Thursday, October 20, 2005

Tupinamba -v- Staden




German soldier Hans Staden sailed to Brazil on a couple of occasions and spent some years there working until his capture by a (now extinct) Tupinamba cannibal tribe from the south east of the country. He was held for a few months during which time his Spanish shipmates were executed, but he managed to escape. He published Hans Staden: The True History of His Captivity to great success in 1557.

Although simplistic, these woodcuts were the first images seen by europe of South American Indians that didn't derive from folklore or imagination. They formed the basis for emerging copper engravers such as Theodor de Bry to elaborate upon in publishing their own works about the new world.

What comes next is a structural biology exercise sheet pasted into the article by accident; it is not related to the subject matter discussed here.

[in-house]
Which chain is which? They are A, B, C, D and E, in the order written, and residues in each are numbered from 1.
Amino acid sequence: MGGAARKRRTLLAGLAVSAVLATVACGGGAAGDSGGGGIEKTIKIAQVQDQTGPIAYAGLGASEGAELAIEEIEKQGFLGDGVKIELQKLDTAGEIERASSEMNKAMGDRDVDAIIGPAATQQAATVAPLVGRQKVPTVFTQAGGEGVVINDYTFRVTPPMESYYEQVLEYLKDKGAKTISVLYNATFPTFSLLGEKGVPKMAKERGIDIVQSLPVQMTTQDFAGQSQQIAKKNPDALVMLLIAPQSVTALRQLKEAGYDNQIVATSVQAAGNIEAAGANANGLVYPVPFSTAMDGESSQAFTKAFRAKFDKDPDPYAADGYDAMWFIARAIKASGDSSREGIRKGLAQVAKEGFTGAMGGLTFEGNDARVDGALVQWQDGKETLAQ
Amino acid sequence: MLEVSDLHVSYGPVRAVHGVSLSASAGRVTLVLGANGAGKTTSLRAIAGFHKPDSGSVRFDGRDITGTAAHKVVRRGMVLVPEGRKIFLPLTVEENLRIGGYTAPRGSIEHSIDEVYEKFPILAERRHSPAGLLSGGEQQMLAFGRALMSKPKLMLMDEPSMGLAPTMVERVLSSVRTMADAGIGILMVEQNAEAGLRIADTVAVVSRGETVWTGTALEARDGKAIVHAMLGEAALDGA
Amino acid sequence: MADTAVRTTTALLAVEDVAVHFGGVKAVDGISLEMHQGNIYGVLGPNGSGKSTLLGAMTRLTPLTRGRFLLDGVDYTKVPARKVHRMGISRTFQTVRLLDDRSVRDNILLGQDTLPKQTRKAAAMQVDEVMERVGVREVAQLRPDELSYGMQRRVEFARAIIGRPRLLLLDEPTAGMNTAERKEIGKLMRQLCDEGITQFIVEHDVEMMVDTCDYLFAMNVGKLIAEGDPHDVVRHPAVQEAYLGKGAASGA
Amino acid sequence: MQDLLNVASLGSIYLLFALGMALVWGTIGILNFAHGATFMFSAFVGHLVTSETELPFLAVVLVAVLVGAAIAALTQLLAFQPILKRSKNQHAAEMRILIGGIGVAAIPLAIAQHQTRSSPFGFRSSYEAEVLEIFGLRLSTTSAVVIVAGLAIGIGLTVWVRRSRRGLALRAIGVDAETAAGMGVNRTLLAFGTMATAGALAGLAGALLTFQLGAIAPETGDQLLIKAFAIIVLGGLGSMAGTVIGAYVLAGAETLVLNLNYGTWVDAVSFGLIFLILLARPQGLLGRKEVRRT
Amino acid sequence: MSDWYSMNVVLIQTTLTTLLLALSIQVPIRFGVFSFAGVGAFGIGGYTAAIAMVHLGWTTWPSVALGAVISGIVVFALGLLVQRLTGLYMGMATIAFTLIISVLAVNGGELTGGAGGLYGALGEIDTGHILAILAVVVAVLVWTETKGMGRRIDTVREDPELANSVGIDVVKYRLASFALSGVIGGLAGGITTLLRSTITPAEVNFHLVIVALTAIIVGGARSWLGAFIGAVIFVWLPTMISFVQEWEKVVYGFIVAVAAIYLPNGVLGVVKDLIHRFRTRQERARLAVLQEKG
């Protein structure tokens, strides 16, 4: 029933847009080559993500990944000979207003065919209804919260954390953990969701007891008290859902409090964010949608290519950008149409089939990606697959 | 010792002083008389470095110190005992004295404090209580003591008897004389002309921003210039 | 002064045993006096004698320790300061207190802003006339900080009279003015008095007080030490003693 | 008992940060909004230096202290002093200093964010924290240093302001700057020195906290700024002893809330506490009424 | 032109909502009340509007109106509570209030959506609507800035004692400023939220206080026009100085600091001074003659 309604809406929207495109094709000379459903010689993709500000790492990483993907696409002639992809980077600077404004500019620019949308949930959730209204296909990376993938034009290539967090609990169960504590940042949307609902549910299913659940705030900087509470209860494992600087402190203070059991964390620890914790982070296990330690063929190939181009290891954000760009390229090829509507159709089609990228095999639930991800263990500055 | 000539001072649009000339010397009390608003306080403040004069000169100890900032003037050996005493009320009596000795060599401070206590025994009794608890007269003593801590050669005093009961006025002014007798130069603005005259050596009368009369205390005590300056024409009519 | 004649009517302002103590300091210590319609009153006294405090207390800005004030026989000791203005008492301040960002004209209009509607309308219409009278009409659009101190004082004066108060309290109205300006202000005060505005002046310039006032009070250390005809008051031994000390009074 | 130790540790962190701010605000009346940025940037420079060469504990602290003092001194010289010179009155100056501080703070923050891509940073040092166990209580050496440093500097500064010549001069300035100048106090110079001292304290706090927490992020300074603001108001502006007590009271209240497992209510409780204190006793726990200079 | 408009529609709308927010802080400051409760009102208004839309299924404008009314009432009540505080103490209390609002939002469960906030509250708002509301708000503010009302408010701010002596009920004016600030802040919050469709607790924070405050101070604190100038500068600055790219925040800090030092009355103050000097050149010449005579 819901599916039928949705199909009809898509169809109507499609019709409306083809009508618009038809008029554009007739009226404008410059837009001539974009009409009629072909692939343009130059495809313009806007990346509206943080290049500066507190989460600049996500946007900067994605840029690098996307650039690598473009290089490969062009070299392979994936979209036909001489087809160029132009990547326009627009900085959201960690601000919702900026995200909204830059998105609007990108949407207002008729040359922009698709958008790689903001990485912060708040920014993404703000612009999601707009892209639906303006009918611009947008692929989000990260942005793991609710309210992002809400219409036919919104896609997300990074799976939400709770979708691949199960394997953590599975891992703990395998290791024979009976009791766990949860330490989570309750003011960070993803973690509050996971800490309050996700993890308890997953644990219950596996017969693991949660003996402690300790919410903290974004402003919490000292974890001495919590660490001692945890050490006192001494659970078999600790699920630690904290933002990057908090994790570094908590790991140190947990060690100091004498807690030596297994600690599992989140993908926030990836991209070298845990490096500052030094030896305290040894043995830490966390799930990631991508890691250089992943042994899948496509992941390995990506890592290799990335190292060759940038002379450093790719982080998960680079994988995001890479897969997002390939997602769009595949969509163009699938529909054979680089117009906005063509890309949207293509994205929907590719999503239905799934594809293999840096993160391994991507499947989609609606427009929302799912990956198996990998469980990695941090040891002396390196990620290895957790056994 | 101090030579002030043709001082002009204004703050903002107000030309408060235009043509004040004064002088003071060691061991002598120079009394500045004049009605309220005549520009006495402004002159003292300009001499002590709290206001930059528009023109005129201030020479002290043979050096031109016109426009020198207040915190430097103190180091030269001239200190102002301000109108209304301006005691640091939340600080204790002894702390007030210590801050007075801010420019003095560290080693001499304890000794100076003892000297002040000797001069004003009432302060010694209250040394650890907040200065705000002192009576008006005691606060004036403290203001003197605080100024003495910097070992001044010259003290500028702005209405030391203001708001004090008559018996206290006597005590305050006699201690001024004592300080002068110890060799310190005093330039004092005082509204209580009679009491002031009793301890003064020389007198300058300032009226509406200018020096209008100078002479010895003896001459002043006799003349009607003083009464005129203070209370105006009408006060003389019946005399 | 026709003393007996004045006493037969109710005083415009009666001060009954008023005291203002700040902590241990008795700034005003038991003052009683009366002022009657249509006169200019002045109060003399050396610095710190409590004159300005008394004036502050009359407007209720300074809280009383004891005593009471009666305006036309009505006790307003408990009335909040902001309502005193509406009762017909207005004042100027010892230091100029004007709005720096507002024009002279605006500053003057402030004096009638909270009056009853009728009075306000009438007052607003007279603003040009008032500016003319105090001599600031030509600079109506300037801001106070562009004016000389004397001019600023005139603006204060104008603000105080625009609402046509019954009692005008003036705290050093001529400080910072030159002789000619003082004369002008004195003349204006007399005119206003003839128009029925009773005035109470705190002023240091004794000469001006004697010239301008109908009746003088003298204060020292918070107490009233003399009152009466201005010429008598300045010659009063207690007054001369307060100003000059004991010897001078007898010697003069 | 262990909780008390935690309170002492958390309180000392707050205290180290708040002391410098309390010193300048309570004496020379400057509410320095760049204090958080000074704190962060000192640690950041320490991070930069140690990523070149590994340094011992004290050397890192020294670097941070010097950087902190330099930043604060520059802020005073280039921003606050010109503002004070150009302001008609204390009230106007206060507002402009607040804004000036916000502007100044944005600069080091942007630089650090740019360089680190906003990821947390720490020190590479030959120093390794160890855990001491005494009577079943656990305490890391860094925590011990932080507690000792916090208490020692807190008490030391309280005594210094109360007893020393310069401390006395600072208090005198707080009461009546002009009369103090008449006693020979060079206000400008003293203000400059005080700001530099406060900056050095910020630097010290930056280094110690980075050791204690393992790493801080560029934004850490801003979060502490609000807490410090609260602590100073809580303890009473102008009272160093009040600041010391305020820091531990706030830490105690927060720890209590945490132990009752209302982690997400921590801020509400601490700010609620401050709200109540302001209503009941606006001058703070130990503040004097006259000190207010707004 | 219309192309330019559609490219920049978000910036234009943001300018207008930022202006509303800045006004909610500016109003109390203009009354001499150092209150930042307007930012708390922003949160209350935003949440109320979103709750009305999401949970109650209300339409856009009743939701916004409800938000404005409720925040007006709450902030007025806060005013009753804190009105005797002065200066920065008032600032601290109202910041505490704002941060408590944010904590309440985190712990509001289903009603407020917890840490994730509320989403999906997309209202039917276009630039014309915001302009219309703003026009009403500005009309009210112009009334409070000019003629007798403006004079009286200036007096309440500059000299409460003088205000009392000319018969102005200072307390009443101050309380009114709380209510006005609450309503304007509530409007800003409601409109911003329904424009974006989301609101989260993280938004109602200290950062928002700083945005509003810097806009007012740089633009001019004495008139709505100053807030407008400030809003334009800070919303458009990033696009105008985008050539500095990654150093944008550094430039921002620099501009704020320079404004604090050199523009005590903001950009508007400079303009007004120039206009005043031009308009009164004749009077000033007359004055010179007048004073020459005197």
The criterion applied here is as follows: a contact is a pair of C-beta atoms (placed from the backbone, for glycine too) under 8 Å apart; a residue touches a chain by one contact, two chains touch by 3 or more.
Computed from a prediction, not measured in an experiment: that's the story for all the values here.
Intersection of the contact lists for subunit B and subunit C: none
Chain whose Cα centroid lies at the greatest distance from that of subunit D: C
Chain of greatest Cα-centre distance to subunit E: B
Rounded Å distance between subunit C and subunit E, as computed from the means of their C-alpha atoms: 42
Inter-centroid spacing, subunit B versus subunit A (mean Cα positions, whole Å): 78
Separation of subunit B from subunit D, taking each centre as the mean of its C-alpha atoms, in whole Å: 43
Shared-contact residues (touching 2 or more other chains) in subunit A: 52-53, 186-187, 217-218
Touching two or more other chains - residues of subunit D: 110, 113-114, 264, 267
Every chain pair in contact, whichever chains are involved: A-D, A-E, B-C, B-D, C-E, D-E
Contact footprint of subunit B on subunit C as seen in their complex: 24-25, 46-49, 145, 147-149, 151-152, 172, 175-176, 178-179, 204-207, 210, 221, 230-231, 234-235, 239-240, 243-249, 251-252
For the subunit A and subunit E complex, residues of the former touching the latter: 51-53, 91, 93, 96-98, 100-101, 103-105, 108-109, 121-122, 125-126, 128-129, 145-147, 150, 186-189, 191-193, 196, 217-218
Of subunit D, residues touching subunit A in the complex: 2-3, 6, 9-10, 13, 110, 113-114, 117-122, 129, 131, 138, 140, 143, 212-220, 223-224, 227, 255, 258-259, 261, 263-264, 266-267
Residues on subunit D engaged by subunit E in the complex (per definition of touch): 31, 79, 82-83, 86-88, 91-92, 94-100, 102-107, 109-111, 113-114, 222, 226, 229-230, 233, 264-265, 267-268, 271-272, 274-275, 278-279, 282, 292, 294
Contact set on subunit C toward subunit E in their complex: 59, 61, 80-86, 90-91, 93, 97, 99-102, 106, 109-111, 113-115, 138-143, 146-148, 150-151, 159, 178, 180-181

2 comments :

Luis Molinari said...

O relato de Hans Staden é uma boa froma de se entender as alegorias europeias sobre a América

peacay said...

BSB have released Staden's 'Warhafftig Historia' (first ed. 1557, this version 1689). This is the same year as the book in this entry so I wonder if it's the original German version. I haven't sampled from it too much but it has a lot of illustrations.
(even if it's not approx. the same book, the title does have 'America' in it and it's listed among a travelogue bibliography so it's safe to bet that it relates in some way to his time in Brazil and travels)

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